First, I have to say your home and garden are lovely! Wow, I enjoyed the bug stories and the pest stories especially the one about the alarm clocks and moles. Seriously, Cindy, I found a blog not too long ago where the woman wandered her farm in crinolines and petticoats and long flowy gowns and hats and everything was pink. Wow,it was just like opening an old fashioned magazine and I was drooling but not going to happen for me cause I'm always wearing old clothes and covered in mud. Still, I thought of Jane Austen and sighed once or twice before I went back to my utilitarian life. My way of coping with garden pests has been to build them their own garden. I have it marked with a sign saying "Bugs and Pests Please Use Here." Seems to be working although perhaps it is because our yard is naturalized and I just don't notice the critters through the dense vegetation. Love, love, love your blog and you always make me smile. Maybe we could meet one day and compare muscle rubs :-)


nebraska dave
7/10/2011 8:13:17 AM

Cindy, people can be funny about their passions can't they? Due to the Missouri river flooding the bug population is a never ending battle this year. I live just a couple miles from the river as the crow flies. My house is in the hills and is 45 feet above the level of the river at this point in time. The mosquitoes are atrocious this year. It doesn't matter what time of the day they will dine on your blood. The only thing that seems to work is to keep moving. A moving target is hard to hit I guess. My garden is doing pretty good this year. All except the zucchini are right on track to produce an abundance. Half of the zucchini has succumbed to some kind of plant thing. It seems that at the base of the plant half the stem is gone and the stem is hollow up inside the plant stem. If I didn't know better I'd have thought I was once again the victim of the vine bore but these zucchini plants were grown in containers that sat on the poor man's patio. The soil came from the city composted yard waste mixed with miracle grow potting soil. Can vine bores crawl across a patio, up the side of a container, and feast on my zucchini or do they come from flying bugs that lay their eggs in the soil of the zucchini? What is the answer to my problem oh wise and wonderful master gardener Cindy? I think I'll preform an autopsy to see if I can actually find a bore in one of the plants. Wouldn't you know that the plant dies right as the zucchini are starting to form on the plants. Drat!! Dog gone vine bores. Where's that can lady that can leap over porch railings in a single bound, can run faster than a speeding bug, and can swat the smallest bug at the speed of sound? Have a great day at the nursery.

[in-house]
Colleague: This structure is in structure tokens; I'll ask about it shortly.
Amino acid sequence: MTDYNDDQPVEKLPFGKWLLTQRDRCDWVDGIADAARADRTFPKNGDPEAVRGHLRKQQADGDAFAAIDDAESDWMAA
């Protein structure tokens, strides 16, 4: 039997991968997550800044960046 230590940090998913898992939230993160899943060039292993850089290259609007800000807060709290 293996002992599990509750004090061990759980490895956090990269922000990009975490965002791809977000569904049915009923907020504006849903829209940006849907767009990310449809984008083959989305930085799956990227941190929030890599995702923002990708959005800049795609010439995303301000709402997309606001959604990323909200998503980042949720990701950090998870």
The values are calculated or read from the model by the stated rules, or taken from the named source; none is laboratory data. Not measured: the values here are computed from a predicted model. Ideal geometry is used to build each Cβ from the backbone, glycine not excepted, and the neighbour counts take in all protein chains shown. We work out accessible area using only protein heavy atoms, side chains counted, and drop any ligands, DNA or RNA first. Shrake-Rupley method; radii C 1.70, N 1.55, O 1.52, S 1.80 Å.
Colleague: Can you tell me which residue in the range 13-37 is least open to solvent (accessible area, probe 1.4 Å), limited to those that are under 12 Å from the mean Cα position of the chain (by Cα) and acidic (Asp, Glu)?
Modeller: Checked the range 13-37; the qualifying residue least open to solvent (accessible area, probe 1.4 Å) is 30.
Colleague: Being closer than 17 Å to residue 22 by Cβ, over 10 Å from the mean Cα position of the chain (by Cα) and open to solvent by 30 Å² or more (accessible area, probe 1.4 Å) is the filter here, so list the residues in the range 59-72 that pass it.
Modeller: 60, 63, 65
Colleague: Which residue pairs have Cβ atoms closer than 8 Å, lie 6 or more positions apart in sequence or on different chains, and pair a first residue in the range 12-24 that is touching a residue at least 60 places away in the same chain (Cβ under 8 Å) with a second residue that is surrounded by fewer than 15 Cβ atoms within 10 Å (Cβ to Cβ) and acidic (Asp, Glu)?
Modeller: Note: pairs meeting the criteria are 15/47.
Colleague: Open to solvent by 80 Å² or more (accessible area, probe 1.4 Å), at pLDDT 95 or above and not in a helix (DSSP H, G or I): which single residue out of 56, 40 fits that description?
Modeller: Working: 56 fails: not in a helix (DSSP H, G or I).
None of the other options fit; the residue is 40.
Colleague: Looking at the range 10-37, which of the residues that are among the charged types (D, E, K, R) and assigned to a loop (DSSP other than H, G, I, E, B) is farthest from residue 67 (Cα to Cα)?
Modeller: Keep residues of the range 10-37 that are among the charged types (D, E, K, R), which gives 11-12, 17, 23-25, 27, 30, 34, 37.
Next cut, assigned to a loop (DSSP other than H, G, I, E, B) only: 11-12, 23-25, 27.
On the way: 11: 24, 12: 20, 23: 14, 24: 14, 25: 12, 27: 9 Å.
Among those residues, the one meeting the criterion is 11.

michelle house
7/9/2011 10:34:39 PM

Oh, Cindy, I love reading your blog, they make me smile, and chuckle. :) I love the image of your neighbor, vaulting over the porch, to kill a bug. I don't get to worked up about bugs, they rarely invade my potted plants and flowers, I do use a tobacco spray on my roses, to deter them, but as far as flicking them off? Only if I see them. Now squirrels? Those things are just evil, they dig in my front garden, and my pots on the deck, and we have cats!! They don't care. lol